Open Site Navigation

An annual appraisal is a brilliant occasion to review your professional progress. However, one mistake many of us make is that we often wait, patiently, to find out what our boss thinks. We don't take time to appraise ourselves and reflect on how we feel we have performed and progressed, what we have achieved and what we would like to do going forward.

What can your company do to help you develop and ensure you are professionally and personally engaged and fulfilled in your career? Whilst some companies hand out self-evaluation forms or similar before your annual review, others tend to take a much more informal approach. Sometimes it might be as informal as a coffee and a chat about your day and if you don't have any questions, let's just keep going as usual. This might seem good and easy, maybe even a bit of a relief for some who dislike these types of conversations, but before you know it, you've stayed static for too long whilst the world around you hasn't stopped moving. One day, you might even wake up frustrated and fed up that nothing has changed, and your employer hasn't done anything about it. Why would your employer do anything about it if they don't have any idea of what you're expecting? Can you really blame them?

So, below are a few questions you should really think about, make notes about, and have ready to take with you to your review. If you have some particular questions you would like your employer to address during your review, it might be worth sending these through to them before your actual review. This will help you get some answers sooner rather than waiting until your next annual review.

Just another quick note, if you haven't had a review in over a year, it's ok to request it. A simple email or short discussion with your boss along the lines of 'I would really like some constructive feedback on how you think I've been performing this past year and what I could develop, does any time next week work for you?' would do. Add in a suggested date otherwise, it's not going to happen any time soon.


  1. How have you developed since your last review? Cover responsibilities (projects and your role in delivering), performance (are you more efficient, producing better quality work etc.,), competencies (skills and knowledge you have developed).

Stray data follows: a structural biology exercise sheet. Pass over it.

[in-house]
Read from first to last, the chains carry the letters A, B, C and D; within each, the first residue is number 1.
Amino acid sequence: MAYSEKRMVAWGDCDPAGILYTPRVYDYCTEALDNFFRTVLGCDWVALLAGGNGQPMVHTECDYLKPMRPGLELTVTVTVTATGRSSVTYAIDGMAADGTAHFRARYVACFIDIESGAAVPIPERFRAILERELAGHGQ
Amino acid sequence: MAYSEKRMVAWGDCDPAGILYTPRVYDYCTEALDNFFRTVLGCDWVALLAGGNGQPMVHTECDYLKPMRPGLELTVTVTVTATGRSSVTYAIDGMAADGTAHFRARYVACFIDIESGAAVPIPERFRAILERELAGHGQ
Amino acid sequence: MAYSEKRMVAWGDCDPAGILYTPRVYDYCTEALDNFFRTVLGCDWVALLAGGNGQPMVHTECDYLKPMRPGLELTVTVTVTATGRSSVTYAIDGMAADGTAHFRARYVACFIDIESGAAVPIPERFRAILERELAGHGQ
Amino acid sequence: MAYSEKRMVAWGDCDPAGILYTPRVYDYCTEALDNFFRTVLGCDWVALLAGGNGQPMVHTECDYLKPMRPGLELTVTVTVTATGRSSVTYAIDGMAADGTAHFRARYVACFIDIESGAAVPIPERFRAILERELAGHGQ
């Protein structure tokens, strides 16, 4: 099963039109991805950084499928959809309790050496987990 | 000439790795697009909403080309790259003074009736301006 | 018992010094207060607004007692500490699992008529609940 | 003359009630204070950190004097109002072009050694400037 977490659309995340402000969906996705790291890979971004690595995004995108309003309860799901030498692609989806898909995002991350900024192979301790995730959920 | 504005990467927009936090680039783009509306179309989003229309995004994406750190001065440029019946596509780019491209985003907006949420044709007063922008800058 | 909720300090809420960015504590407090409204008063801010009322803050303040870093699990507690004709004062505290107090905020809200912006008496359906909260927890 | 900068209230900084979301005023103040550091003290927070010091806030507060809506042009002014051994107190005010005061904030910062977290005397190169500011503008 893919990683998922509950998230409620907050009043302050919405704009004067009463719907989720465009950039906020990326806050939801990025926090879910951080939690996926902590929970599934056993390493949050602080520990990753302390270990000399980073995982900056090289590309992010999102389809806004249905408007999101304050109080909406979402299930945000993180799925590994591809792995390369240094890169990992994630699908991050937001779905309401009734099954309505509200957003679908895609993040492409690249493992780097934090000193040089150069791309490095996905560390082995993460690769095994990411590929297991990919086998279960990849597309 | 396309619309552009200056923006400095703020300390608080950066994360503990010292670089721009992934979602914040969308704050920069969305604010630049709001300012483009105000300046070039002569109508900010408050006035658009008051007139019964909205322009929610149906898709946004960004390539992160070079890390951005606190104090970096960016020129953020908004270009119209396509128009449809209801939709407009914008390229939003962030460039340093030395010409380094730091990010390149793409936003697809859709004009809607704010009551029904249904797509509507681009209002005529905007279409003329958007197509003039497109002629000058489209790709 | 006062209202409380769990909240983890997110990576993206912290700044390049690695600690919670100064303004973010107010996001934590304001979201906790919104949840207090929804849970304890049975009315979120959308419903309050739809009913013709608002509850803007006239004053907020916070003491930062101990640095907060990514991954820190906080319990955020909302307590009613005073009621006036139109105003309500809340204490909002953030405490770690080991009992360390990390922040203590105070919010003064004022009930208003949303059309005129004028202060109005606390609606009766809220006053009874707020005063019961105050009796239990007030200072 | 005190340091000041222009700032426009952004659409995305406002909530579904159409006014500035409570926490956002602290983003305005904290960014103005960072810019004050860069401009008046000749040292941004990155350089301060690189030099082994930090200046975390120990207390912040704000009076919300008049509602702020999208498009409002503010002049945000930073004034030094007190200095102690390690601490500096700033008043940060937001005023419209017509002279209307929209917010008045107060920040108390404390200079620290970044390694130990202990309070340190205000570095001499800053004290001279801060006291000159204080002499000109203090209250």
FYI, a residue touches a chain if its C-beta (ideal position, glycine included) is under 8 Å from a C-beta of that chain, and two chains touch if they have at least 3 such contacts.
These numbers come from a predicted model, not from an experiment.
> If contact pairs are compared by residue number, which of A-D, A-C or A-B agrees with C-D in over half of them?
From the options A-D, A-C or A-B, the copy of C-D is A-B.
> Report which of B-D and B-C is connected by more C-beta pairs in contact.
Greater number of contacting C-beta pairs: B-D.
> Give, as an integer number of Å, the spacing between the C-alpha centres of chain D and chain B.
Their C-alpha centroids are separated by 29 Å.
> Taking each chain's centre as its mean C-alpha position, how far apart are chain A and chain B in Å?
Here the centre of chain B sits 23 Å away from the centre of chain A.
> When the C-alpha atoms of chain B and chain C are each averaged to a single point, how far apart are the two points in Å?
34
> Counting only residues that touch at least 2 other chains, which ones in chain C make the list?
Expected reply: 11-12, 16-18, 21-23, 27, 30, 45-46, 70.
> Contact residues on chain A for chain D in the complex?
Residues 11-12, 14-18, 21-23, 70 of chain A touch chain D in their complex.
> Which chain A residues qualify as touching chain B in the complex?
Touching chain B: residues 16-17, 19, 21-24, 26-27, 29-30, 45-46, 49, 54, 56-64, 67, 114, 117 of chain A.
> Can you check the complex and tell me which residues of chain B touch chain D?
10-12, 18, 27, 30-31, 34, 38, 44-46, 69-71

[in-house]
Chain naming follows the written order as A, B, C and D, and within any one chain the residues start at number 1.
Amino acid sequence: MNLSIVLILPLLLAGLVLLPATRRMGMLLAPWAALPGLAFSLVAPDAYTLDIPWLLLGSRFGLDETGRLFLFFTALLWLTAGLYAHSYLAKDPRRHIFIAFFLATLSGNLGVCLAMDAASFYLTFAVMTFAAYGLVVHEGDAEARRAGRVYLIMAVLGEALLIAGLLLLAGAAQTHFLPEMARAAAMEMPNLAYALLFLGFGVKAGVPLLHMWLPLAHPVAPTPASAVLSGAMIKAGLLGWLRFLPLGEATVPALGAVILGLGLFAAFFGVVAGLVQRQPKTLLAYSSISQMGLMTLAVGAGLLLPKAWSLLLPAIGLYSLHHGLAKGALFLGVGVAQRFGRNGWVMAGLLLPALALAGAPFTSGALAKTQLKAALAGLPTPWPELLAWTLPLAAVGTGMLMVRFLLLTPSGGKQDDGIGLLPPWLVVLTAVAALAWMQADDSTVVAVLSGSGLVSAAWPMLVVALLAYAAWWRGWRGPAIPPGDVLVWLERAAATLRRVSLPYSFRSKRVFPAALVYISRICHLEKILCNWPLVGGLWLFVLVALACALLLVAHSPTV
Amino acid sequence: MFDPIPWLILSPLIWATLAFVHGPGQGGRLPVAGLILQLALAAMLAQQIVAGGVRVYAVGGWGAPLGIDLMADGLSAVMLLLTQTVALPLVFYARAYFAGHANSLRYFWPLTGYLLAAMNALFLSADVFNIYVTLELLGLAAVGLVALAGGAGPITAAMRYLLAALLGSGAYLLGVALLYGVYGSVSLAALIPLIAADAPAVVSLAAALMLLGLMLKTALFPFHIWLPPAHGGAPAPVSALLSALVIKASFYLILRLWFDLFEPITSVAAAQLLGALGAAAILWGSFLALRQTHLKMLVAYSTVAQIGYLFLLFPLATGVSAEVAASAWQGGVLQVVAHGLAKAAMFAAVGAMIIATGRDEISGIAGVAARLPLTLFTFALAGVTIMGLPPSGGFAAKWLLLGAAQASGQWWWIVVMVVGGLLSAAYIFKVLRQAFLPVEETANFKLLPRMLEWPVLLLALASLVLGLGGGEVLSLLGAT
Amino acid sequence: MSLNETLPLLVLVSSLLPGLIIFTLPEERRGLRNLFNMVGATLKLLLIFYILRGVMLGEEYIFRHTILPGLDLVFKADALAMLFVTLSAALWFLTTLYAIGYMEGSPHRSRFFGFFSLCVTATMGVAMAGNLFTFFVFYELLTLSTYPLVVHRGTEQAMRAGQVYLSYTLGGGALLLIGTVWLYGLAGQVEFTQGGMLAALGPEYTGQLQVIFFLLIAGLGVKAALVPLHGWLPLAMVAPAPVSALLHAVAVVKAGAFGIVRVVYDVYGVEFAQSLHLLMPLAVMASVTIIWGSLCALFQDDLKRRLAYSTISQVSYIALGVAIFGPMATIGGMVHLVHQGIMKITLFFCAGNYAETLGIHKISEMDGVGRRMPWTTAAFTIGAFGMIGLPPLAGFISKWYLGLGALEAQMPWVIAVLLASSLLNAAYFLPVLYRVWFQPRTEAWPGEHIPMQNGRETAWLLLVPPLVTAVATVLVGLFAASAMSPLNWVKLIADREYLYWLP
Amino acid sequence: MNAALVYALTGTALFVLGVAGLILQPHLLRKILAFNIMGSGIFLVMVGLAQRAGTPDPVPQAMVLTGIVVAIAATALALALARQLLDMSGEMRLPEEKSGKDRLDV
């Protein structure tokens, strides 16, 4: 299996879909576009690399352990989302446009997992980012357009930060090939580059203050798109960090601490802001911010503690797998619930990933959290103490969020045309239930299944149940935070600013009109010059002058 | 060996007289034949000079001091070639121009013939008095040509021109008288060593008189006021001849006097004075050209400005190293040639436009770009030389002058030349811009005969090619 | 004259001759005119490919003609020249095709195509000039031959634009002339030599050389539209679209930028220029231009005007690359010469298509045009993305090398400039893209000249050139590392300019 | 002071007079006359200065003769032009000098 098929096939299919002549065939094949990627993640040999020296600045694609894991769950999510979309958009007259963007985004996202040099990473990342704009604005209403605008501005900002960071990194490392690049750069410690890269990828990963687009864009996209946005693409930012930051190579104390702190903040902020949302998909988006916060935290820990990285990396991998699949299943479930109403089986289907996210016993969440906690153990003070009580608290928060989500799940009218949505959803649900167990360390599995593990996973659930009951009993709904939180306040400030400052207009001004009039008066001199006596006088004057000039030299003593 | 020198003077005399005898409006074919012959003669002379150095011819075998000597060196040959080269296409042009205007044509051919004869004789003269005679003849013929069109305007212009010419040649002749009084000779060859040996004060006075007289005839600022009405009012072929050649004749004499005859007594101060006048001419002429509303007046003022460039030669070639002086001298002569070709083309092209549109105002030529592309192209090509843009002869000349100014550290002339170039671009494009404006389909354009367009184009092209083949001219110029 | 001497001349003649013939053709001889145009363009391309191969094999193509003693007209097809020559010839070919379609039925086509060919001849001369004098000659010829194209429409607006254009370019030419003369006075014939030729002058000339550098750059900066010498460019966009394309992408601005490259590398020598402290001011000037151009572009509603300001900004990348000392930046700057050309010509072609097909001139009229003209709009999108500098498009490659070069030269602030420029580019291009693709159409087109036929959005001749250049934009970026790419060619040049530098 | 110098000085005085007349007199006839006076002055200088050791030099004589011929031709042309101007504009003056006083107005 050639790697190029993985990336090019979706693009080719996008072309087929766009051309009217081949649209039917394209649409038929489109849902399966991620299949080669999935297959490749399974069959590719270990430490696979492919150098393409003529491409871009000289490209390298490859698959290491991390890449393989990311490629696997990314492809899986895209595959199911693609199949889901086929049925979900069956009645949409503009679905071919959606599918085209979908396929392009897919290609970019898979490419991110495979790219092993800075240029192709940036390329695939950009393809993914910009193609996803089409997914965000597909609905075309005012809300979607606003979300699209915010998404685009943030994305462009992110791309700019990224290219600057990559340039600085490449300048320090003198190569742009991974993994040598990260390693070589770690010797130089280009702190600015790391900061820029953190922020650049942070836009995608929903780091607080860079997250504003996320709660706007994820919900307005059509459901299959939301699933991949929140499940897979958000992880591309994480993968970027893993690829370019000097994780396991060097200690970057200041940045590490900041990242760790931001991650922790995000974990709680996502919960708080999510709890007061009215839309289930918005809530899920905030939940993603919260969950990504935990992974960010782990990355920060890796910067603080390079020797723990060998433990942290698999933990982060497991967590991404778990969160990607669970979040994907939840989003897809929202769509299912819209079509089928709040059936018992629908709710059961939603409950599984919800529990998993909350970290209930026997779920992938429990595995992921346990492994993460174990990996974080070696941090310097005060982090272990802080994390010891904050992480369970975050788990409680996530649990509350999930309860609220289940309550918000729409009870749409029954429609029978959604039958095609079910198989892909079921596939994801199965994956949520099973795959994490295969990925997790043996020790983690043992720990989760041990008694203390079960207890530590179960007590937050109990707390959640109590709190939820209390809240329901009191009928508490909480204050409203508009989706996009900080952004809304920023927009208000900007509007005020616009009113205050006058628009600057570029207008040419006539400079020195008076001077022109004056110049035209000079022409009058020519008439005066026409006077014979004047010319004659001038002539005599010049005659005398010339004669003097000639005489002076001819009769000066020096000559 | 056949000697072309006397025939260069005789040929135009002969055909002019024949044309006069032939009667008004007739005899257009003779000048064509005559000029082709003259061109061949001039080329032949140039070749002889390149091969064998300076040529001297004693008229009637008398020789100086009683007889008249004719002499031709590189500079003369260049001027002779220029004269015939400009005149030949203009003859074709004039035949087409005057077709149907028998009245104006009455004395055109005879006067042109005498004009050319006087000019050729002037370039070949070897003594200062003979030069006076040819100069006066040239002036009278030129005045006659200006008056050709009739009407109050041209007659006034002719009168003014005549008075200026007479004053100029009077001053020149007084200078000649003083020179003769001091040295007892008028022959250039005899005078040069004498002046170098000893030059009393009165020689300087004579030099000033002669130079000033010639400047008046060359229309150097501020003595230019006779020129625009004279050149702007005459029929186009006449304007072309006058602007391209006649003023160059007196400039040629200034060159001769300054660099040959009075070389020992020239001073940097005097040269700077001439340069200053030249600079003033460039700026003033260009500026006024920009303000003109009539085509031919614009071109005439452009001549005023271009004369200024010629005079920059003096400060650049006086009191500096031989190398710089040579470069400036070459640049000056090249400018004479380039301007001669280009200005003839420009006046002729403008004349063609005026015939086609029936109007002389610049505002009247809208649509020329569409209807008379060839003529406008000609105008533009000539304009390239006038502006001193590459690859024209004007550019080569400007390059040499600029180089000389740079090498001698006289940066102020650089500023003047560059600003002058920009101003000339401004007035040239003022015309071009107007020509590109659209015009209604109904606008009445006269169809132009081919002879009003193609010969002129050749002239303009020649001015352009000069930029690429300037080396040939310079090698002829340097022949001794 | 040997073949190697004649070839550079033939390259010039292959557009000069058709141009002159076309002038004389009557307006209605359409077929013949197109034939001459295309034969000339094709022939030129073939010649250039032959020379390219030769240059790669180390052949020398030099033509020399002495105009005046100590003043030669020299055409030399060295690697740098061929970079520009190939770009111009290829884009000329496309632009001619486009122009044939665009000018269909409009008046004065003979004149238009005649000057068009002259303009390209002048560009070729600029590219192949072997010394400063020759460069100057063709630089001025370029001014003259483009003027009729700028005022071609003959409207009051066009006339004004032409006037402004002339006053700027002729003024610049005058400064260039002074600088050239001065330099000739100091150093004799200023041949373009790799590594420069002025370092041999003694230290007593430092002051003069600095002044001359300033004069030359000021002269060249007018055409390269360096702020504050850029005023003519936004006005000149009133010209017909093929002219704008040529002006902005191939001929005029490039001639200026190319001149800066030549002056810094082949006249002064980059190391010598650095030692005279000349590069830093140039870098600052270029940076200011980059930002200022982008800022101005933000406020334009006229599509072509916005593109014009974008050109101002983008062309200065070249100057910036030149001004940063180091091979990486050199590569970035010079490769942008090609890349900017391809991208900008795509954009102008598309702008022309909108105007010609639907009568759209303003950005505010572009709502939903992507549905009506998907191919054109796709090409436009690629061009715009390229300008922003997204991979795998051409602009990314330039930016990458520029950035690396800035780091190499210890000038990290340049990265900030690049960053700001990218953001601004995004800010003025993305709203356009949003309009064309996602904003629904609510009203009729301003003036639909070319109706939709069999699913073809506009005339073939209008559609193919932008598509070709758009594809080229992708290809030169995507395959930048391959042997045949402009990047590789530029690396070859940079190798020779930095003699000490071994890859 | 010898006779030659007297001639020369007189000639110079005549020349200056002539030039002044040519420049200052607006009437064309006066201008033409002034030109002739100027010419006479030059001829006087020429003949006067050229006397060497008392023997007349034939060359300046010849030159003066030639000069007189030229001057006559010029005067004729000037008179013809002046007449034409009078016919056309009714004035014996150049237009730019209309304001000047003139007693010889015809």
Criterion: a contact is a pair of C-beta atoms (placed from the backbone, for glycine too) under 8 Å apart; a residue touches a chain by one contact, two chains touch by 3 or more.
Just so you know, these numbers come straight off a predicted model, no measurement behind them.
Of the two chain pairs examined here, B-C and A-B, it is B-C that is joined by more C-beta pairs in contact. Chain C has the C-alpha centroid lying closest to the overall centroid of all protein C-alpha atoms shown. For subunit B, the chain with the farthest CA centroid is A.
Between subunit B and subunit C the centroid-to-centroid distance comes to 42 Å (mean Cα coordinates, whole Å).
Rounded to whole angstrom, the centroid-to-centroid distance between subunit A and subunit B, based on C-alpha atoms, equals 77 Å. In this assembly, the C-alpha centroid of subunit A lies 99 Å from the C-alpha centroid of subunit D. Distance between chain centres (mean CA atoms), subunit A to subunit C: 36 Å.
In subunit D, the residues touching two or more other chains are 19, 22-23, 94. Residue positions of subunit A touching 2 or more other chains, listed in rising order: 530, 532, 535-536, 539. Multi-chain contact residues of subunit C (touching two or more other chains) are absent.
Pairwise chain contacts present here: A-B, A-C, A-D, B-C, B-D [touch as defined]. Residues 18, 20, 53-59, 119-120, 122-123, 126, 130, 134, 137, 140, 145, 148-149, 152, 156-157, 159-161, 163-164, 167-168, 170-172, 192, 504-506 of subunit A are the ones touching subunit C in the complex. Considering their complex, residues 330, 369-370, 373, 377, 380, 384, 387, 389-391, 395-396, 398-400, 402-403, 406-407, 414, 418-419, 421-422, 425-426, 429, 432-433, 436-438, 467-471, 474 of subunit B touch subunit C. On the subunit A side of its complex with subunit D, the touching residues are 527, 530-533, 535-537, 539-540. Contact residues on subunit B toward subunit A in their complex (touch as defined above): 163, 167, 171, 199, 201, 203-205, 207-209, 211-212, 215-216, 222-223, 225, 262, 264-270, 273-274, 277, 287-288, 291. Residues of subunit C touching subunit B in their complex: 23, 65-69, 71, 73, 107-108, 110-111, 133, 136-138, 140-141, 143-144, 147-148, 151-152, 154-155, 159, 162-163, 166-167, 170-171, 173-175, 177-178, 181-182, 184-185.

2. What are your main areas of expertise and main strenghts? Are you particularly good at finding design solutions to complex problems, managing and coordinating a team, delivering technical packages? 

  3. What would you like to improve or develop further? Skills, knowledge, experience? How can you go about achieving this - what can you do and what can your employer do (training, mentoring, opportunities)?

  4. What are the three main personal, professional and career objectives that you would like to achieve in the next year? These don't have to be something new and overly ambitious, it can even just be sustaining your current lifestyle, but have some goals or aspirations - it's good for you to feel motivated and focused on longer-term results and also, shows your employer you are committed. 

  5. What do you like about your current employer? Your employer would be grateful for this information and it also encourages them to continue. 

  6. What can be improved in your current company? This is both good for you and good for your employer to know. Try not to write an exhaustive list (something's not right if you do) and also, think about whether your suggestions are viable and beneficial for others too. For example, improving communication by having weekly/monthly team calls to review the weeks progress and provide updates on company changes. 

  7. Are there any topics that you would like to discuss in particular? Have you had any distractions affecting your work, do you feel you are due a pay rise, are you curious about the direction of the company going forward? This is your opportunity to ask questions directly. We will cover topics such as how to ask for a pay rise, flexibility, changing teams etc., in the future. 

The above are all things you should think about and mention in your review but you should also always ask your employer some key questions such as, how do you think I have performed, is there anything in particular that you think I could do better, what do you see me doing and working on in the next year, what do I need to do for a promotion, etc., 

That's it. Answering those questions will help you to make the most of your review and guide you to progress in your career and make the right decisions going forward. 

Good luck! 




  • LinkedIn
  • Instagram

Stay in love with what you do. 

  • LinkedIn
  • Instagram